In 1995, Twipsy was chosen as the mascot for the Expo 2000 in Hannover. The success of this mascot led to the Twipsy series, in which the star is a virtual space messenger and the action is set in Internet. Twipsy was sold to over one hundred countries. In 1995, he designed the Amorosos Furniture collection for the Italian manufacturer Moroso, which includes one of his most successful pieces of furniture, the Alexandra armchair, in which the organic shapes and the use he makes of colour communicate the vital, extroverted style that characterises Mariscal's objects. In 1995, with lots of schoolchildren in the Land of Valencia created a collective mural sculpture during protest days for the use of the Valencian language in the education; the mural is now located in the Teacher's Faculty of the University of Valencia and open to the public free of charge. In 2001, he designed the much sought after diary room chair used in Channel 4's second instalment of Big Brother. In 2002, his multidisciplinary career culminated with the integral design of the Gran Hotel Domine Bilbao, nestling between the Guggenheim Museum in Bilbao and the ria, the creative concept of, based on reflecting the history of design of the 20th century.
Mariscal designed things from the uniforms to the façade, including the graphic image and its website. He did the interior design of the GHDB with Fernando Salas, who collaborated in Calle 54 Club, a project in which Fernando Trueba forms part and which provides Madrid with a live space where the most prestigious Latin jazz musicians perform, such as Bebo Valdés and Paquito D'Rivera. Madrid is the home of Hotel Puerta América, belonging to the Silken Group, a project in which the best architecture and design studios of the moment participated. Estudio Mariscal and Fernando Salas were responsible for the interior design of the eleventh floor. Another sample of his interdisciplinary vocation is the audiovisual show Colors, which premiered in Barcelona in 1999 and starred the robot Dimitri, another of Mariscal's creatures; the script of Colors has been adapted for the frequent conferences on design he gives all over the world which, rather than conferences are entertaining pocket shows marked with humour and tenderness.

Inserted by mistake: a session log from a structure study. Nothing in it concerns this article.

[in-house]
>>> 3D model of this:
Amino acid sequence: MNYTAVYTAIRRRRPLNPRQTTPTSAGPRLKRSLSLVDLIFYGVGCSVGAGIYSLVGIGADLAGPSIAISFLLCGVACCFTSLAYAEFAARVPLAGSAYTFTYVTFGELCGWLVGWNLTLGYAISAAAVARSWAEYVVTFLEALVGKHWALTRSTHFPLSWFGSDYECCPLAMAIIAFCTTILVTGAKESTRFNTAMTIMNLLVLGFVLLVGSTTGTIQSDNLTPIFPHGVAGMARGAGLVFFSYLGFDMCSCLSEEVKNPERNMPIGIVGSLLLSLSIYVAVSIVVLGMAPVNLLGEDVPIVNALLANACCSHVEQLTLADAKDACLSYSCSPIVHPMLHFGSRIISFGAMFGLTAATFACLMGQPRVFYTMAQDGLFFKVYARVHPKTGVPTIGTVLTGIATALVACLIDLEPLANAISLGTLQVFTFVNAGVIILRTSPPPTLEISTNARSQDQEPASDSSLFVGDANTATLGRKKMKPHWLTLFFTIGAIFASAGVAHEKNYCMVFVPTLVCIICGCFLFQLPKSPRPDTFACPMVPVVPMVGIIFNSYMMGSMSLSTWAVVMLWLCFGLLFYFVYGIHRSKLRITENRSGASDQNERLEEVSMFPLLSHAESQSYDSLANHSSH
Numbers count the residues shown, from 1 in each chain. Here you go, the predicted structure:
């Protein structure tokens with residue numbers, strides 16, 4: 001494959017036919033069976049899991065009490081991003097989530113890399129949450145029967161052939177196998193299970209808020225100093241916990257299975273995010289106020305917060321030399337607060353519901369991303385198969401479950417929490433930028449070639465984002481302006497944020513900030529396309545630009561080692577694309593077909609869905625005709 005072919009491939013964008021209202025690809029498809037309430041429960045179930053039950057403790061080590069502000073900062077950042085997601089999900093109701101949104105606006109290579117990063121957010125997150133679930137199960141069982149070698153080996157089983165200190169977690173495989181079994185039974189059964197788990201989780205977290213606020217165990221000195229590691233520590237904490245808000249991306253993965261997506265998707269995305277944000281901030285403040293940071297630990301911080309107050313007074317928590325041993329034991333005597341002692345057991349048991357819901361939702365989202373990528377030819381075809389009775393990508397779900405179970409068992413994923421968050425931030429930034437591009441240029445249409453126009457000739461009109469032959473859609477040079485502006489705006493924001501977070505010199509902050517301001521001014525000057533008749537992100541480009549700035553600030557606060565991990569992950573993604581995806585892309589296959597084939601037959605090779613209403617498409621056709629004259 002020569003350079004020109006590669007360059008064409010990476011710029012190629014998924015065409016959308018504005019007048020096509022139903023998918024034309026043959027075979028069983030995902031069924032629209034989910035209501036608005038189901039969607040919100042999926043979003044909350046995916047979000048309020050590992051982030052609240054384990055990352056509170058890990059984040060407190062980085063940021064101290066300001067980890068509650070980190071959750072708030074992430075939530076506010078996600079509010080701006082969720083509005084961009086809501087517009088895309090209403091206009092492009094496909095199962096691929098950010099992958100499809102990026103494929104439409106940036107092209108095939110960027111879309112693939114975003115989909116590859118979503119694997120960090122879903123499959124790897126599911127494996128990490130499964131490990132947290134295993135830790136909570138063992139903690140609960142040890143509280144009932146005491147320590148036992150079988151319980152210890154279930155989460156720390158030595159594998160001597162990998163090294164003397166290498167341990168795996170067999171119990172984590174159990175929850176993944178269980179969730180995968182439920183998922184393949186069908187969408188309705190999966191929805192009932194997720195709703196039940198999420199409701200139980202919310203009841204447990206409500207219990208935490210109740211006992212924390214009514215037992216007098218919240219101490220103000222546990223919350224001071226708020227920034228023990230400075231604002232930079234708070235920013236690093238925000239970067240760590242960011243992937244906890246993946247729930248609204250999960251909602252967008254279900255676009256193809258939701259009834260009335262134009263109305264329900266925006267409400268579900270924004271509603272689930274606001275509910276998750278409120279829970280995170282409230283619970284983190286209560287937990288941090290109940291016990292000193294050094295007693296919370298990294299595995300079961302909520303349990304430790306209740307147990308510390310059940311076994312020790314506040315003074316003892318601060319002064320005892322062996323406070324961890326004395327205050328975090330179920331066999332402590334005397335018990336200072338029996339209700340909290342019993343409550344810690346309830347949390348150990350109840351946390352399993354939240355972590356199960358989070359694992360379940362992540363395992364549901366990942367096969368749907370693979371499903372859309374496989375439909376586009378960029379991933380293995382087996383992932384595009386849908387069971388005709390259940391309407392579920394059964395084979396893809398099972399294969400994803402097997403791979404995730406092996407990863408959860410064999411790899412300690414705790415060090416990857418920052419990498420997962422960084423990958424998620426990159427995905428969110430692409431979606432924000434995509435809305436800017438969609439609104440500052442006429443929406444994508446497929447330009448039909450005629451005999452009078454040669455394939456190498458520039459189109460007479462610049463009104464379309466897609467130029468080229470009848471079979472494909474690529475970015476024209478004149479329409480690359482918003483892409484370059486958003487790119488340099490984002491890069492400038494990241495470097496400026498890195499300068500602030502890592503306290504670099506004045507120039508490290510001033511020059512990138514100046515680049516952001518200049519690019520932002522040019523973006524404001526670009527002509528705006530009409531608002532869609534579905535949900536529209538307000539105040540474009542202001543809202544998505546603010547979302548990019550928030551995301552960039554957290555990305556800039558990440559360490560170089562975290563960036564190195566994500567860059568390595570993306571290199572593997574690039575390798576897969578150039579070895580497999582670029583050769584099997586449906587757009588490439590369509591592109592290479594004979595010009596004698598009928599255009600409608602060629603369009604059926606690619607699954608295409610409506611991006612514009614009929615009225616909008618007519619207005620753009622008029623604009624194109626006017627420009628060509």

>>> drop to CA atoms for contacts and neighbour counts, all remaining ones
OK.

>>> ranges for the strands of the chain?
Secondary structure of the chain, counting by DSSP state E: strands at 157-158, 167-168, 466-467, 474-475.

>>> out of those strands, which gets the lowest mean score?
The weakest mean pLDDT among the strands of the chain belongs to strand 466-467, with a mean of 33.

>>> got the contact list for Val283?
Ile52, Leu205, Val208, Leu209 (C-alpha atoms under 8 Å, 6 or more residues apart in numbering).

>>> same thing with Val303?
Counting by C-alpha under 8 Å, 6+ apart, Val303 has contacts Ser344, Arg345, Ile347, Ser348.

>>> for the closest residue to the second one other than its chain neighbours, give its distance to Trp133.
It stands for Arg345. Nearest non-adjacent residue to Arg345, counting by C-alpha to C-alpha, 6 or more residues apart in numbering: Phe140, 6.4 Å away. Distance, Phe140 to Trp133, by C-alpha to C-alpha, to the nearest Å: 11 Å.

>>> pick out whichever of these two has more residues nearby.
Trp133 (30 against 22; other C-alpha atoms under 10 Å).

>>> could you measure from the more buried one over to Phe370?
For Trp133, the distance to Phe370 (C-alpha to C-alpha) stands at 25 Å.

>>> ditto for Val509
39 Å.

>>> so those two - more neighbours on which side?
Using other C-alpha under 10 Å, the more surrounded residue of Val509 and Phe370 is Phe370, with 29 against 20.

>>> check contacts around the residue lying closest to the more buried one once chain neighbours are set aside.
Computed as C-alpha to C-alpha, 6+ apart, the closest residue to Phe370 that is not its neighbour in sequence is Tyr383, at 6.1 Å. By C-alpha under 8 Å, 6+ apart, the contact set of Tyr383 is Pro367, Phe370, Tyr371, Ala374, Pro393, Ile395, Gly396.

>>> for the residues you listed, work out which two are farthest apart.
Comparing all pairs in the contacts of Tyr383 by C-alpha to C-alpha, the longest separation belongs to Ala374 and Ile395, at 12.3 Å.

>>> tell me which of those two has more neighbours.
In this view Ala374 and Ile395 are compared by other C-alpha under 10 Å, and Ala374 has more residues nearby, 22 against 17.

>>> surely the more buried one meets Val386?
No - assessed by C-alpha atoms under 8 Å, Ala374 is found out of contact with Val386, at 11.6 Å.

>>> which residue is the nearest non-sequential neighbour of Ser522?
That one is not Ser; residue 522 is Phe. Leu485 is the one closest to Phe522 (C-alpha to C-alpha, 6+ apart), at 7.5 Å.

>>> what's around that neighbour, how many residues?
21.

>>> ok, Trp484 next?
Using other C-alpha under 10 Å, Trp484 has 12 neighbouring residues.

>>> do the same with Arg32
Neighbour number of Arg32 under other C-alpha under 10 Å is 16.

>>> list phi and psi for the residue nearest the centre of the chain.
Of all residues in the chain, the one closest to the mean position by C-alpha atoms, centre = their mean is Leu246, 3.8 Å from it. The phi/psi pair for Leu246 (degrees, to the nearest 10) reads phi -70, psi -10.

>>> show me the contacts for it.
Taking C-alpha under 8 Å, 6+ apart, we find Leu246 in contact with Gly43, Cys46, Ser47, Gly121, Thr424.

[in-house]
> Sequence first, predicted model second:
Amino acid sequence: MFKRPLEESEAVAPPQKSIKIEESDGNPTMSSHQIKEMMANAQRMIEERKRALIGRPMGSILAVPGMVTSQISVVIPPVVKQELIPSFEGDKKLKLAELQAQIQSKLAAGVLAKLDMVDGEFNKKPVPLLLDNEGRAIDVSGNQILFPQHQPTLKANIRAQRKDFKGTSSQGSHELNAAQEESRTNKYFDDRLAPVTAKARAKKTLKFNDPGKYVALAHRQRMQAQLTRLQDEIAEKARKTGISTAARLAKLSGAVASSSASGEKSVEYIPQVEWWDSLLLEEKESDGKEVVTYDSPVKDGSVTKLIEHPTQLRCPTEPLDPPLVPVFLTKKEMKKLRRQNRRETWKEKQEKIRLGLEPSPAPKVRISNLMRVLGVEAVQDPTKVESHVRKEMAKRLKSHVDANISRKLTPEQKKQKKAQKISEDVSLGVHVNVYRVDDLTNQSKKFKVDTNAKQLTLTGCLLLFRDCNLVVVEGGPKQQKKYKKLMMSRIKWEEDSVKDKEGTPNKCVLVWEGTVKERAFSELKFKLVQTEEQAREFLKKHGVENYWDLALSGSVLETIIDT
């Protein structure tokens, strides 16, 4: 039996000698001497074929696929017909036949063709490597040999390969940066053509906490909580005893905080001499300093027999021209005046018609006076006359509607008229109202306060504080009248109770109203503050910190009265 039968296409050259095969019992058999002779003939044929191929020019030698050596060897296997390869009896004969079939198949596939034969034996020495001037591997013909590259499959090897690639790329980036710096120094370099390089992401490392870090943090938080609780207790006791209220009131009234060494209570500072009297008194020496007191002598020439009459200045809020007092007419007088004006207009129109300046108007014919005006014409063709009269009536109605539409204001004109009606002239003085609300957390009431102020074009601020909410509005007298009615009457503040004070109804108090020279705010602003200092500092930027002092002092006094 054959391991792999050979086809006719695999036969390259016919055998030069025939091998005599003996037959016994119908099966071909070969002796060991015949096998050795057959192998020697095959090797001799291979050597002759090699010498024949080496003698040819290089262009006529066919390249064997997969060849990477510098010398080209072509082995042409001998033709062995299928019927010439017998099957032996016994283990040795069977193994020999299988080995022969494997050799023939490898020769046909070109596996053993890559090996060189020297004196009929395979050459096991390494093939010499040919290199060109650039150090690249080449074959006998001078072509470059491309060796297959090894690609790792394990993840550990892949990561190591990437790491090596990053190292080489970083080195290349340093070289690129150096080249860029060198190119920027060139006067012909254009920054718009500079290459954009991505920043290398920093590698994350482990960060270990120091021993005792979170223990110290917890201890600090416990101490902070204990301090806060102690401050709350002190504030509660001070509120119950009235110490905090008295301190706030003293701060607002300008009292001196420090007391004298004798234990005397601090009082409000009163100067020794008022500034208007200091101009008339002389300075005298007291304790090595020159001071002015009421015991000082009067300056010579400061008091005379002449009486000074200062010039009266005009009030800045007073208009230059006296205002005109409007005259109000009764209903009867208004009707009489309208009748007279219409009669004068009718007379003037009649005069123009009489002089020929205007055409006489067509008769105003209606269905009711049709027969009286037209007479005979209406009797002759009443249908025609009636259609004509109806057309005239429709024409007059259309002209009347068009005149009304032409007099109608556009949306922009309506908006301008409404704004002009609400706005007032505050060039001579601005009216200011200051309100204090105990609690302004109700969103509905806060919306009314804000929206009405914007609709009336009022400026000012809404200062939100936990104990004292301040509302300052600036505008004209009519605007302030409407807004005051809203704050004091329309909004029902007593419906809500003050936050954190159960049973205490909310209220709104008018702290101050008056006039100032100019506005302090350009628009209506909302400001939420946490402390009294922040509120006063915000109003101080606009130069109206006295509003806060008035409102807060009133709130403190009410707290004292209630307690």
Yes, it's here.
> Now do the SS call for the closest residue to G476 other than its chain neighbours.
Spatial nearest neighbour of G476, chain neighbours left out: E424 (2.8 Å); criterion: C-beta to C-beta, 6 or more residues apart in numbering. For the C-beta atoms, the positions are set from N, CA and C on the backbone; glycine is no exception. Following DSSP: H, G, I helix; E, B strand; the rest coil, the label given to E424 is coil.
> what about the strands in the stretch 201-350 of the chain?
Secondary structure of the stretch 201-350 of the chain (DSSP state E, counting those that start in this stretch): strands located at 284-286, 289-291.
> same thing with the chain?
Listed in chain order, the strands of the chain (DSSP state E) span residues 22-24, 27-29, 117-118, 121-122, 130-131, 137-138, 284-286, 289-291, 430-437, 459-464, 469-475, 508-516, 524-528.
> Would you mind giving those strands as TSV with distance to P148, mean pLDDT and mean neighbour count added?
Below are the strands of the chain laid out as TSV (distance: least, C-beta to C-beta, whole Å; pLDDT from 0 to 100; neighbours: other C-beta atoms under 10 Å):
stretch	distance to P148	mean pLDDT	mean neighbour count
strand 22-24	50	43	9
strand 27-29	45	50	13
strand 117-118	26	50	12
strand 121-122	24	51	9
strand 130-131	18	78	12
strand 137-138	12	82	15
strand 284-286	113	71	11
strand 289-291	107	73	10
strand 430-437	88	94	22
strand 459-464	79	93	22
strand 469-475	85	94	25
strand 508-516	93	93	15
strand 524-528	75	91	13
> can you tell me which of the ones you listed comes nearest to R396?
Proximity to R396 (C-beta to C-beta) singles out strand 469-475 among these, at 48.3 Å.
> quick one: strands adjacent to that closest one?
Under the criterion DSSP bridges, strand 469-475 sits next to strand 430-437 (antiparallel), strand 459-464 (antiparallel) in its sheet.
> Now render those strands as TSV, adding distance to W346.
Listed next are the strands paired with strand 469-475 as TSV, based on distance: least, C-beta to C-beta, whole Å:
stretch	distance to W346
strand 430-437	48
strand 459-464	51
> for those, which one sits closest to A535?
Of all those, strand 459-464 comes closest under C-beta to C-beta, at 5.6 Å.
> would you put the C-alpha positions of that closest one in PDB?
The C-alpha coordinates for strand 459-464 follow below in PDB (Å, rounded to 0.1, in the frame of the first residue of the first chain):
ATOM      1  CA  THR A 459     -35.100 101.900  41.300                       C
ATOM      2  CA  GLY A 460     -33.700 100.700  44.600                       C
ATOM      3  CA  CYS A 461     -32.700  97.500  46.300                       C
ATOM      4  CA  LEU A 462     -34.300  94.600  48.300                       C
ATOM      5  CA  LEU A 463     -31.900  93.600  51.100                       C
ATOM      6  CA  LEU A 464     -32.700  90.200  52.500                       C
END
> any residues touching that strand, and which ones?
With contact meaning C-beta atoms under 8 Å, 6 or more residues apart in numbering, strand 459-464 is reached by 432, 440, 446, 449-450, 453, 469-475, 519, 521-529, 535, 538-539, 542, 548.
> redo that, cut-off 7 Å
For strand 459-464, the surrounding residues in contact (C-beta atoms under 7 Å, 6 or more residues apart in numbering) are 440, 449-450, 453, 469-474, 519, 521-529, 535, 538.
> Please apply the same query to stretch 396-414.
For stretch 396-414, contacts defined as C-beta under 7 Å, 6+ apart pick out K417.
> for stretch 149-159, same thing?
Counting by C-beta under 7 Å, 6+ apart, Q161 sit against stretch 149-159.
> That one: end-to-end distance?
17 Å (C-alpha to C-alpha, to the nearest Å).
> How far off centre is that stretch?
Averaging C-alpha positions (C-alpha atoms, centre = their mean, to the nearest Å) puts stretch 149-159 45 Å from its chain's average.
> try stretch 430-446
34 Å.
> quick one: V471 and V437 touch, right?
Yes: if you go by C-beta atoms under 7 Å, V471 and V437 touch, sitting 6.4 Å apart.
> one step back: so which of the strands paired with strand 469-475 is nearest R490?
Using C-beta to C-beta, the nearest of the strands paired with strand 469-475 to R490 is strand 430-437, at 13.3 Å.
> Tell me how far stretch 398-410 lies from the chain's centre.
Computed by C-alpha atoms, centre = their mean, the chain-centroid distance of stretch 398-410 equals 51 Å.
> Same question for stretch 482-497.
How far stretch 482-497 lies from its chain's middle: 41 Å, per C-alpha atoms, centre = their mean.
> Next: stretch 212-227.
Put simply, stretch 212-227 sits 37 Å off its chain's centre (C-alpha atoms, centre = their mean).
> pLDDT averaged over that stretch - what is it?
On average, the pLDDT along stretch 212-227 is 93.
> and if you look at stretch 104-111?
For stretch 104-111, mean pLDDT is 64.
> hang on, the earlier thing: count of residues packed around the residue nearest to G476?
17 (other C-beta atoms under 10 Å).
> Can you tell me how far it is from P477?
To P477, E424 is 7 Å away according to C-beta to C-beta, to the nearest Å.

In 2005, he made several objects for the children's collection, Me Too, by Magis, a fruitful collaboration, still under way. Some of his most recent works, which he continues to combine with his artistic task, are the image of the Spanish financial institution, Bancaja. In 2006, he participated in ARCO with the sculpture, Crash!, a homage to the optimist design of the 1950s and a way of telling us that that confidence in the future has exploded because now we need to think about how to make a future possible. In 2009, from 1 July until 1 November, a major UK retrospective of Mariscal's work is being shown at the London Design Museum, in which visitors enter through a tunnel showing 640 examples of the designer's style from 1970 to the present day, including his typefaces, he will be creating a mural for the outside of the Design Museum itself. Mariscal drew and co-directed, with Academy Award-winning director Fernando Trueba, the 2010 Spanish-British animated feature-length film Chico and Rita.